TUESDAY, Nov. 29, 2016 (HealthDay News) — For hepatitis C virus (HCV) patients with decompensated cirrhosis who are eligible for liver transplant (LT), the optimal model for end-stage liver disease (MELD) threshold below which they should receive HCV treatment is 23 to 27, according to a study published online Nov. 5 in Hepatology.
Jagpreet Chhatwal, Ph.D., from Massachusetts General Hospital in Boston, and colleagues simulated a virtual trial comparing long-term outcomes of pre- versus post-LT HCV treatment with oral direct-acting antivirals (DAAs) for patients with MELD scores between 10 and 40. A Markov-based microsimulation model was developed that simulated the life course of patients on the transplant waiting list and after LT. Data were integrated from recent trials of oral DAAs, United Network for Organ Sharing (UNOS), and other studies.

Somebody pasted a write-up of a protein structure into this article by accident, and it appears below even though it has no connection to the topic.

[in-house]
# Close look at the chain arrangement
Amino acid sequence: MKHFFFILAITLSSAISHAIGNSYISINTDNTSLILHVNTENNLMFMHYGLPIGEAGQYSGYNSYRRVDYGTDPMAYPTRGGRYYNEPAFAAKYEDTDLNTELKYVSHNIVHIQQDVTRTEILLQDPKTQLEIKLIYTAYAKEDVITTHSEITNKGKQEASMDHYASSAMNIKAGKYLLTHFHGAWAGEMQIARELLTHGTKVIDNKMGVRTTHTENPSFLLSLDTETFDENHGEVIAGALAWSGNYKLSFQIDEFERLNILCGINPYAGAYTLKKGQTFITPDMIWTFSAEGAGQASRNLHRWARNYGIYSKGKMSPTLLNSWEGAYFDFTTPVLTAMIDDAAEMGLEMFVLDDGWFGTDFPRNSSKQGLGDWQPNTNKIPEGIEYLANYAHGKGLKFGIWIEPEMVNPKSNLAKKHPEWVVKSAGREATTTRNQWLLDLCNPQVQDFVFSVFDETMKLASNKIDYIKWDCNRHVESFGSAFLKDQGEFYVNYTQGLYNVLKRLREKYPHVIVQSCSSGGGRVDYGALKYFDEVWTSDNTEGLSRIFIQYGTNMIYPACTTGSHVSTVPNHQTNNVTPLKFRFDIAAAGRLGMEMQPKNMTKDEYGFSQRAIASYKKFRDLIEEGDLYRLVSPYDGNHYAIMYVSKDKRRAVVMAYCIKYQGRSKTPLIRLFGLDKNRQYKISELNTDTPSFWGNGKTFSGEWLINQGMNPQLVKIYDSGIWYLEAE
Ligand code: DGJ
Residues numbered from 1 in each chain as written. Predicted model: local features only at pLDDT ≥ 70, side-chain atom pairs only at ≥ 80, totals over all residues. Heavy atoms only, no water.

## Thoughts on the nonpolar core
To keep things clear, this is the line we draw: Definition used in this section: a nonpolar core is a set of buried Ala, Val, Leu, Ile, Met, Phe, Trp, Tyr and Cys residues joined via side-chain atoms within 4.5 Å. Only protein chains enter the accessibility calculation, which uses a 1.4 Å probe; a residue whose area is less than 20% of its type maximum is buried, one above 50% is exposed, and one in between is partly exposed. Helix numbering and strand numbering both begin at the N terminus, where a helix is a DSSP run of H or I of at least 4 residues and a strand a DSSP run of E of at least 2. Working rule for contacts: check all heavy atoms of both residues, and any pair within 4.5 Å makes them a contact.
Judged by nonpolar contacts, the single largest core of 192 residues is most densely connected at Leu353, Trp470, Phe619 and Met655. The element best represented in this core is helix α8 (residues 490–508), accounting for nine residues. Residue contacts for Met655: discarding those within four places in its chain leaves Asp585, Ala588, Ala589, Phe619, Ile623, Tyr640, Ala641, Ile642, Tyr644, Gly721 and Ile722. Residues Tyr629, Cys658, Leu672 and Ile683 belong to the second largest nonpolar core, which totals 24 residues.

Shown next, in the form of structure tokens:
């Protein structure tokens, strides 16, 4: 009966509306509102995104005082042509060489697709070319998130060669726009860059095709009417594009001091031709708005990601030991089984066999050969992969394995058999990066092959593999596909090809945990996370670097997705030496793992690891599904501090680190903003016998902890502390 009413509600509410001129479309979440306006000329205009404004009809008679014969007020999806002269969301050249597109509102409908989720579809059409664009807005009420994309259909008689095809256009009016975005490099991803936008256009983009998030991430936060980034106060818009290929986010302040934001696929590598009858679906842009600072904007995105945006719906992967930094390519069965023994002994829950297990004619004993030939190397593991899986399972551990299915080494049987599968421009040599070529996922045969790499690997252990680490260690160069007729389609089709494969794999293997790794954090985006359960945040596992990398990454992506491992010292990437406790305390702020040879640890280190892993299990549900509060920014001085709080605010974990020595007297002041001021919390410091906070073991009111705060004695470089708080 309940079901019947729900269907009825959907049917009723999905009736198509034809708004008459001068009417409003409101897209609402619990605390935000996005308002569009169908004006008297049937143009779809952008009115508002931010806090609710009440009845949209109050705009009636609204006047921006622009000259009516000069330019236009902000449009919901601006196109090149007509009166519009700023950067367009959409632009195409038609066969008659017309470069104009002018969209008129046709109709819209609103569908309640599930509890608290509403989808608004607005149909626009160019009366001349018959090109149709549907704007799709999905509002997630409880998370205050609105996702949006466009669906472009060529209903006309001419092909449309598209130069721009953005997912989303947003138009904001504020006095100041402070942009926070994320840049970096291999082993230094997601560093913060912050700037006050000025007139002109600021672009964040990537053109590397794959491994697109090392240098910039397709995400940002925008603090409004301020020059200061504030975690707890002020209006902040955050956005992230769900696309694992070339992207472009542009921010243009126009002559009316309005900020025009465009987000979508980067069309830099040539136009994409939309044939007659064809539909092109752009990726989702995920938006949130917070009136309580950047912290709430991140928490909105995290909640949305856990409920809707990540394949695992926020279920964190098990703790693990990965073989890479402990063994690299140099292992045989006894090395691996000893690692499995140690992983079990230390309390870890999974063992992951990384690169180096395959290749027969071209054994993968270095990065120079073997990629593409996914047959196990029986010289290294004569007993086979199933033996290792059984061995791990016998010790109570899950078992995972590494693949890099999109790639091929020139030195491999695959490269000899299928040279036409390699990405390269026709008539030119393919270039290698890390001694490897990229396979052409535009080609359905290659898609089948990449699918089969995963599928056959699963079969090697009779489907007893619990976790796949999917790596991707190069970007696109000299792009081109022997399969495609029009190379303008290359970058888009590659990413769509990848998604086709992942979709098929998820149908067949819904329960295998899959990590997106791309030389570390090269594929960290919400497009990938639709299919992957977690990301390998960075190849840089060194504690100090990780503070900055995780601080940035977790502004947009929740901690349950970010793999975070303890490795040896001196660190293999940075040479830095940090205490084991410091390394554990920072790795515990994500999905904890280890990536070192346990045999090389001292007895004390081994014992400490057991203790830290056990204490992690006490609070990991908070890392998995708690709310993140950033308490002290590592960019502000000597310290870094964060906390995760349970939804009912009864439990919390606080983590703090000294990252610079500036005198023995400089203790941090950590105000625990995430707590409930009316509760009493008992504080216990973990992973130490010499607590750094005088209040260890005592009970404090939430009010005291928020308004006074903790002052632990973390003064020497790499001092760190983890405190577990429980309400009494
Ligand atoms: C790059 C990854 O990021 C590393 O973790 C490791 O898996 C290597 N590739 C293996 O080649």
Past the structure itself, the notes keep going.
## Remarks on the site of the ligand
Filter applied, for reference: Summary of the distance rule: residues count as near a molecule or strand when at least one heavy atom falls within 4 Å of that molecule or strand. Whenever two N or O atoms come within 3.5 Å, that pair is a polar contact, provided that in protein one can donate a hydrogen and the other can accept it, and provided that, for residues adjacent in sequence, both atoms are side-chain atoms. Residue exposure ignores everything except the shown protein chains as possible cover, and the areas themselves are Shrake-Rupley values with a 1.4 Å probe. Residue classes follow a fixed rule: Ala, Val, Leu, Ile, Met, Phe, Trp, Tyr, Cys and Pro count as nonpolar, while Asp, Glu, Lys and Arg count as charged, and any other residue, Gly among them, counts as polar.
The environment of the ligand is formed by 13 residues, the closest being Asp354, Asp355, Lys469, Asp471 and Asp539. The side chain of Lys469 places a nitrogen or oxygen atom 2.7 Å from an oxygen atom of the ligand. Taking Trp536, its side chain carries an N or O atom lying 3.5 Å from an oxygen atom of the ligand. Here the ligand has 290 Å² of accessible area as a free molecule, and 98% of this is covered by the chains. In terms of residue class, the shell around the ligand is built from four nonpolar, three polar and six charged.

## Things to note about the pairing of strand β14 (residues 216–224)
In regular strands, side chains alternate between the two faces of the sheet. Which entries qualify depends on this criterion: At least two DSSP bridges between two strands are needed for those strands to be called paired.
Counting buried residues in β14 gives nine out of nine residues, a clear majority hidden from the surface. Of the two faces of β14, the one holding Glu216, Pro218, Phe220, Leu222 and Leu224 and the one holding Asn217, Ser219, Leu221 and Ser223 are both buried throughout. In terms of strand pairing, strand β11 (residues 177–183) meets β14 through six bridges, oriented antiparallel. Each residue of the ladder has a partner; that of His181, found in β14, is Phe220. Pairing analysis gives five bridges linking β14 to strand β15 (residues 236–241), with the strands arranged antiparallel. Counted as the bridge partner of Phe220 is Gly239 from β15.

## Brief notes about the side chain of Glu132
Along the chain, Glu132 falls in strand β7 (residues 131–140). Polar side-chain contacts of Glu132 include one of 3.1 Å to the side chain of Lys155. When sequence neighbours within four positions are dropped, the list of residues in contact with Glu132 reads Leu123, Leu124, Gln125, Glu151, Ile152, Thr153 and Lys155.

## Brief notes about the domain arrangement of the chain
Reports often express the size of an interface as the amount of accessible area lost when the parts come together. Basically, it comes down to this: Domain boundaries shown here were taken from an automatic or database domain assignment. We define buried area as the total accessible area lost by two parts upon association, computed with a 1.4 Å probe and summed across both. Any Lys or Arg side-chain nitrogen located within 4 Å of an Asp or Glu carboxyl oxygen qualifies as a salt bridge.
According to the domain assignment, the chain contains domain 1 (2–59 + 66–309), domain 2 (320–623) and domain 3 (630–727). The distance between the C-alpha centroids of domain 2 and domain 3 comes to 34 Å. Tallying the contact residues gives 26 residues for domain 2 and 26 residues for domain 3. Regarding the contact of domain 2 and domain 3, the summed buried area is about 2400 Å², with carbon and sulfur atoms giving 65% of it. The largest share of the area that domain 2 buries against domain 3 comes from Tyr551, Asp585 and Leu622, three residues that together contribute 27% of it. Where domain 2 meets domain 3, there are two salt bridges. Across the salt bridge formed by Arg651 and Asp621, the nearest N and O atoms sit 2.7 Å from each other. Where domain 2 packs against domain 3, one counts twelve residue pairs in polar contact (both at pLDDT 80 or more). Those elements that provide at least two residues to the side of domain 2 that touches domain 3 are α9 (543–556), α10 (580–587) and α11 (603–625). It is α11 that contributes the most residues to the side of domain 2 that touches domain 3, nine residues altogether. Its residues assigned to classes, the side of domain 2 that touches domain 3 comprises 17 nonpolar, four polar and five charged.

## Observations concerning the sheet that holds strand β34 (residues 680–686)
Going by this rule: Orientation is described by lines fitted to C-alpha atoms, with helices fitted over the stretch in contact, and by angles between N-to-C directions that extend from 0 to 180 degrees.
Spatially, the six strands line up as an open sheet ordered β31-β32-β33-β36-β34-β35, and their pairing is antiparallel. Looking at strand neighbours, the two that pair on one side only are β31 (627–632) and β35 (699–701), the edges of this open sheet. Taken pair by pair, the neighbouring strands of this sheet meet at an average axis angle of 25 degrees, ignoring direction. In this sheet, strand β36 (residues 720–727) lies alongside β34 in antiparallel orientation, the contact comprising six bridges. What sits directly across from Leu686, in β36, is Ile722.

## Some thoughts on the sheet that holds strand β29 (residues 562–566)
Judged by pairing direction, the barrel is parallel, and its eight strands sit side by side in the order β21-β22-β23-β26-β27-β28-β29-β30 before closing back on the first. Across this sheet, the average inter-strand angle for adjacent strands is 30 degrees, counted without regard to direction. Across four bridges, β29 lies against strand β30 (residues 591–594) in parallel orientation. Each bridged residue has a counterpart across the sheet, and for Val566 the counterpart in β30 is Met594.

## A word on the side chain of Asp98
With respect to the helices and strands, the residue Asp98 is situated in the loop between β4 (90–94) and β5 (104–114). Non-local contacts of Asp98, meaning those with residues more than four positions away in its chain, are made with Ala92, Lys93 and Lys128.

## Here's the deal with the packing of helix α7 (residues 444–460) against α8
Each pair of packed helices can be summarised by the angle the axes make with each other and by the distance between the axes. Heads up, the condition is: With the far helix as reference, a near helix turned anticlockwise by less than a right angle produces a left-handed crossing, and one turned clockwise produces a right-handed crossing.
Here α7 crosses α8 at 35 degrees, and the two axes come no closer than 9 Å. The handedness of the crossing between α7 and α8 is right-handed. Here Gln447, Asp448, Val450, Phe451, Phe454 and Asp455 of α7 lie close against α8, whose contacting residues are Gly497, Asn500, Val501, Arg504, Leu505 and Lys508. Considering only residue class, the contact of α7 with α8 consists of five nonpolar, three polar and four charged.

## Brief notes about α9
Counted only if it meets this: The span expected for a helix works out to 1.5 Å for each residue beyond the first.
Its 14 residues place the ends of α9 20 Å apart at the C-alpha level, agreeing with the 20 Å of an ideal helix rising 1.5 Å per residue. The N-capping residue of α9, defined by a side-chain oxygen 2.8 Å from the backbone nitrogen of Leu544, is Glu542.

The researchers found that treating HCV before LT increased life expectancy if MELD was ≤27, but could decrease life expectancy at higher MELD scores, at the national level. The threshold MELD score to treat HCV pre-LT varied from 23 to 27 depending on the UNOS region, with lower thresholds in regions 3, 10, and 11, and higher thresholds in regions 1, 2, 4, 5, 8, and 9. The thresholds were stable in sensitivity analyses.
“Our findings suggest that the optimal MELD threshold below which decompensated cirrhotic patients should receive HCV treatment while awaiting LT is between 23 to 27, depending on the UNOS region,” the authors write.
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